2. Middle-Earth: Shadow of War. This somehow managed to improve on the small imperfections in the first installment and exceed all of my expectations. Don’t let the loot box controversy deter you–this game fucking rules.
  3. Nier: Automata. I’ll admit, I wasn’t as immediately smitten with this game as everyone else, but it has lingered with me months after playing. The story will leave you questioning just about everything, but Yoko Taro knows how to craft a story that will challenge and reward you all the same.


  1. Lorde – Melodrama. My favorite pop record of all time. I tried writing something and I honestly couldn’t. It’s just perfect. Favorite tracks: “Supercut”, “Liability”
  2. St. Vincent – Masseduction. There’s a lot of Prince and Bowie worship on here, but Annie Clark continues to be a dazzling creative force in her own right. Favorite tracks: “Fear the Future”, “Los Ageless”
  3. SZA – Ctrl. One of the most personal records I’ve heard in years and SZA reminds us to keep it real in the way we express ourselves–even if that means being selfish or manipulating. Favorite tracks: “Prom”, “20 Something”


  1. Saga. Alana, Marko, and Hazel dealt with the aftermath of Alana’s miscarriage, which led us to a new, Spaghetti Western-esque planet! We got a peak at what The Will has been up to! Ghus is also still alive by the end, so I’d say it’s a good arc.
  2. Snotgirl. Get hooked on Bryan Lee O’Malley’s storytelling and stay for Leslie Hung’s gorgeous, anime-influenced artwork. Lottie continues living it up as a somewhat popular blogger in Hollywood, but there’s still some murder and obsession to worry about. The slow build-up of this comic is such a treat and I can’t wait to see where it goes.
  3. The Wicked + The Divine. The Imperial Phase closed with what was probably one of the best issues I’ve ever read in a comic book series. Seriously, Kieron Gillen is on some next level storytelling and WicDiv‘s upcoming, final arc will be one you can’t miss.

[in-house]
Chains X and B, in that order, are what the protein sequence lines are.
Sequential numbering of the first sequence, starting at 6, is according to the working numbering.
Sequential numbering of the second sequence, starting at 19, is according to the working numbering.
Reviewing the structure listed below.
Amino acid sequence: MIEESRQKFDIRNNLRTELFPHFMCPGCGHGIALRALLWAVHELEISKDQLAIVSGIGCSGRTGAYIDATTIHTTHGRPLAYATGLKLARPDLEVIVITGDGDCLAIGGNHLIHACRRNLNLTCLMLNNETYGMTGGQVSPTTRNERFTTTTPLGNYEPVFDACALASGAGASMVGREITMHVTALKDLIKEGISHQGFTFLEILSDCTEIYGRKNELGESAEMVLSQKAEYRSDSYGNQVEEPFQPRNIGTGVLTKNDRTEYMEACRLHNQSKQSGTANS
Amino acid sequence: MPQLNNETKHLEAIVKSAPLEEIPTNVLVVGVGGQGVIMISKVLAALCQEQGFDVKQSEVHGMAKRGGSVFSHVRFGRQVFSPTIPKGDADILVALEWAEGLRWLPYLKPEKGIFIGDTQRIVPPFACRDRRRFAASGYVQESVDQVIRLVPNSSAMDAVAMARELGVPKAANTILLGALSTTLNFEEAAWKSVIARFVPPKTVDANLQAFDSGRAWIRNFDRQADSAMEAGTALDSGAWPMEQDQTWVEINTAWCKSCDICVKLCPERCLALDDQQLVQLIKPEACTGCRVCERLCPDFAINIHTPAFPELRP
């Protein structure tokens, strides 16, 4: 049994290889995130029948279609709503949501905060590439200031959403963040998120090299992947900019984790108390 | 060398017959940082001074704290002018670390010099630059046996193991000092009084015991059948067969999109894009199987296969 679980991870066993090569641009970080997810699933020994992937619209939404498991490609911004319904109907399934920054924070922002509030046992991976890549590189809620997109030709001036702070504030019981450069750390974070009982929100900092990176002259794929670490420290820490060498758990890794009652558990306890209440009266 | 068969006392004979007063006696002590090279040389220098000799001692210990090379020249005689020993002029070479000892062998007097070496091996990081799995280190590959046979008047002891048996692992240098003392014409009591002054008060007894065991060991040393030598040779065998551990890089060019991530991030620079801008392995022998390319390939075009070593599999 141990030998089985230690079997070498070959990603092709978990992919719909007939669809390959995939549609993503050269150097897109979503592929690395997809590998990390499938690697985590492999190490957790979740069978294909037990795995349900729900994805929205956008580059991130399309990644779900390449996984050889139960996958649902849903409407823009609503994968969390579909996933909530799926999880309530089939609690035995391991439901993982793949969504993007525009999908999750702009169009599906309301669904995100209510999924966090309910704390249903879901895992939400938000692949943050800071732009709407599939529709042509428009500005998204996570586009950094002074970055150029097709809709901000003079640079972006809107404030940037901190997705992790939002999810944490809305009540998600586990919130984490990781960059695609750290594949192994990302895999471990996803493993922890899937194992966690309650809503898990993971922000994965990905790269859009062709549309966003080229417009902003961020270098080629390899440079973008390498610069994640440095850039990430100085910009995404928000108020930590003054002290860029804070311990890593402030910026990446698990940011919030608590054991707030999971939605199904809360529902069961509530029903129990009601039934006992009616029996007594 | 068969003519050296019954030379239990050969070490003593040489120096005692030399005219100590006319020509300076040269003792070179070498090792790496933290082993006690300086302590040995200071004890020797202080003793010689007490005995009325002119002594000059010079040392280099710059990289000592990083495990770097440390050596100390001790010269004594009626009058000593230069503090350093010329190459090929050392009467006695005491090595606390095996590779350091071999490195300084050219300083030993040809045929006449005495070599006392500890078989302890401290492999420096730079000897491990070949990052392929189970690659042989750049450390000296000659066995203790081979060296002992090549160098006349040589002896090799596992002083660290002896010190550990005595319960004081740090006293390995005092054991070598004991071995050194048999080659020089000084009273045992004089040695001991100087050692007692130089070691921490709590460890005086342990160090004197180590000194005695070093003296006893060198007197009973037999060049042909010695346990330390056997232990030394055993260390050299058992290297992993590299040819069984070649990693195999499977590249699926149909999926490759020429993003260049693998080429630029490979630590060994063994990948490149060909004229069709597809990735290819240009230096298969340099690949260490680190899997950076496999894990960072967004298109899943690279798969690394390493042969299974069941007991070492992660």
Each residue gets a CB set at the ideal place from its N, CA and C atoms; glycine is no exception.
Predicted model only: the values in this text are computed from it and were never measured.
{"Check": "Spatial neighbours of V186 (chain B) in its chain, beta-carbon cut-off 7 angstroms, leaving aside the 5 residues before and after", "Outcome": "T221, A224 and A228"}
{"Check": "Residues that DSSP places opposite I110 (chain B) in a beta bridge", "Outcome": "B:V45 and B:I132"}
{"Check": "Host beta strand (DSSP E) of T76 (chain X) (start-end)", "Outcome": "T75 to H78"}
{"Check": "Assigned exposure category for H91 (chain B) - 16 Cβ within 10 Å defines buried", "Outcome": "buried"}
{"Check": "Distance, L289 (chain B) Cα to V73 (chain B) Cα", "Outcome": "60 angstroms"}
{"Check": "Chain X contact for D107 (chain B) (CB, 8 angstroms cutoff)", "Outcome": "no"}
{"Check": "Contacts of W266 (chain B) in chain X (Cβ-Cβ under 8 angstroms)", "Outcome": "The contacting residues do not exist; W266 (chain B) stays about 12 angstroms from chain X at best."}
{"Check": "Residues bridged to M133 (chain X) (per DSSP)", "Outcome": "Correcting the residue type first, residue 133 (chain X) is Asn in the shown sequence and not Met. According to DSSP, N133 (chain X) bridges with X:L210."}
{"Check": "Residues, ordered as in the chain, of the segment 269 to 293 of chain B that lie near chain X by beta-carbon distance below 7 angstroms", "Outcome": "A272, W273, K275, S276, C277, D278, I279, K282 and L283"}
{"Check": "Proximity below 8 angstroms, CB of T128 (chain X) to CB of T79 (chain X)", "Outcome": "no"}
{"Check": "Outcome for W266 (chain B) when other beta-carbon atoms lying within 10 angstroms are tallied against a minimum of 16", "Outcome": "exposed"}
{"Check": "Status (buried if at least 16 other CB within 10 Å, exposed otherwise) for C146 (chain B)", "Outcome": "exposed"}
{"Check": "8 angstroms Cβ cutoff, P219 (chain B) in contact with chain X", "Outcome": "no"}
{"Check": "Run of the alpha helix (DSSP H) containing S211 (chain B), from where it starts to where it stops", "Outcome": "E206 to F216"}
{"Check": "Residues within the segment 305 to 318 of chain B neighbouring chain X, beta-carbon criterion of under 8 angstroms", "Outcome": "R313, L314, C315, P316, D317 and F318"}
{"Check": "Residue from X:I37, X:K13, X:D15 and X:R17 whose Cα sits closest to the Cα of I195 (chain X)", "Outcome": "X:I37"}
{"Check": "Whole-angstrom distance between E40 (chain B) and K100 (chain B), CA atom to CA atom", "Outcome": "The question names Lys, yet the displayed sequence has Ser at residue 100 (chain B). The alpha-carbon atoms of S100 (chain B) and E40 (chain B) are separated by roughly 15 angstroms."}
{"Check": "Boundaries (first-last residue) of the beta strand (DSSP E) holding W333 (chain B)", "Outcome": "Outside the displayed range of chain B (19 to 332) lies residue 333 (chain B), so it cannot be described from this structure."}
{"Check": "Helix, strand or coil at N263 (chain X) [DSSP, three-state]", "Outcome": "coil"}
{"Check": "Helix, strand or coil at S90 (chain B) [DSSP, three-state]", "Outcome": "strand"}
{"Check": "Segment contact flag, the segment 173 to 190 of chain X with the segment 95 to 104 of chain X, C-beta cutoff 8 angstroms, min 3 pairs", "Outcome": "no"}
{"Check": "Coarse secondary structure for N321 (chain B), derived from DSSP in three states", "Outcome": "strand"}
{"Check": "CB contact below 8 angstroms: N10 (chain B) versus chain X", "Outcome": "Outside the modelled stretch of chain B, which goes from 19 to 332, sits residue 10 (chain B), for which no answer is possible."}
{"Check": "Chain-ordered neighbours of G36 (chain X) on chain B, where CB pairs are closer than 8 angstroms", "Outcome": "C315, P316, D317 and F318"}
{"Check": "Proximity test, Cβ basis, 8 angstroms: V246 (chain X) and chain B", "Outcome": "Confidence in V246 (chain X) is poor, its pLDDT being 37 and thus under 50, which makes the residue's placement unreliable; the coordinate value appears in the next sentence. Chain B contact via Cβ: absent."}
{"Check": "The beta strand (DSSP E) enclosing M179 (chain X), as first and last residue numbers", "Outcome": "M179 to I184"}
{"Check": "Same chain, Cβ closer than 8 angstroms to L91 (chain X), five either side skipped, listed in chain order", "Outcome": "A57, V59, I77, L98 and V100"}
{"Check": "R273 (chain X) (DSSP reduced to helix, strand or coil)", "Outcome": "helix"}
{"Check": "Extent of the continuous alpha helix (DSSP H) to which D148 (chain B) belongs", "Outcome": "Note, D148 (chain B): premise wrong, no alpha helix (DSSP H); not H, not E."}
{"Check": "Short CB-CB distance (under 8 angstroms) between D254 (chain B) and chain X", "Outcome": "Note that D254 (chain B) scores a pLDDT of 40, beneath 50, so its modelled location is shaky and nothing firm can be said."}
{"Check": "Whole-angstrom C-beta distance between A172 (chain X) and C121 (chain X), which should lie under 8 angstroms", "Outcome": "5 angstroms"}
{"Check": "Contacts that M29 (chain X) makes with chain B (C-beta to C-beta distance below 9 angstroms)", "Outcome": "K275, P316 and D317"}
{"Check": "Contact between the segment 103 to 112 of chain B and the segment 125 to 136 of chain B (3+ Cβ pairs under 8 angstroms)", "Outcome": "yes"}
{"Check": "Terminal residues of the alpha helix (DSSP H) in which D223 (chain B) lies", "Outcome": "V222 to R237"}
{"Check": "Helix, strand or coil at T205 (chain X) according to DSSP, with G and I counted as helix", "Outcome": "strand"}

Live performances

  1. Nick Cave & The Bad Seeds at the Auditorium Theatre in Chicago, IL. I’ve gone to a few hundred shows at this point, but nothing could prepare me for the intense, blissful experience of what this band had to offer. I was in such humbled disbelief the entire night, constantly shifting from ugly sobbing to screaming with utter joy.
  2. Nine Inch Nails at Riot Fest in Chicago, IL. Trent Reznor and co. have been taking it easy on shows, but thankfully they made room in 2017 for Riot Fest. NIN are known for their tight, well-constructed live sets, and it was such a gift to finally see it happen during a beautiful, warm Chicago evening.
  3. Paramore at the Fox Theatre in Atlanta, GA. Paramore has changed so much in the 10 years since I’ve first seen them, but their energy and passion onstage is unrivaled. The highlight of the evening was a stripped down version of “26”, dedicated to the shooting victims in Las Vegas. I don’t think there was a single dry eye in the room.

Playstation Experience 2017

Initially, I didn’t plan on writing about this. Video games are a newer passion of mine and there’s still so much I’m learning about the industry and culture surrounding it. I’ve gone to numerous conventions over the years, but PSX has more of an Expo structure. There are booths and set-ups ranging in sizes, but they all offer their own personal, hands-on experience. You won’t see towers of Funko Pops or get smacked by some cosplayer’s Overwatch wings here. Instead, you’ll walk through intricate displays that put you in the center of a game’s location, play exclusive demos for upcoming releases, and maybe take a 3D picture of yourself with Spider-Man. For this post, I’m going to focus on what it was like to actually be there. You can find news or recaps by far more knowledgeable people online, so I’m going to share things from my perspective as a newbie who left with their eyes wider than they were going in.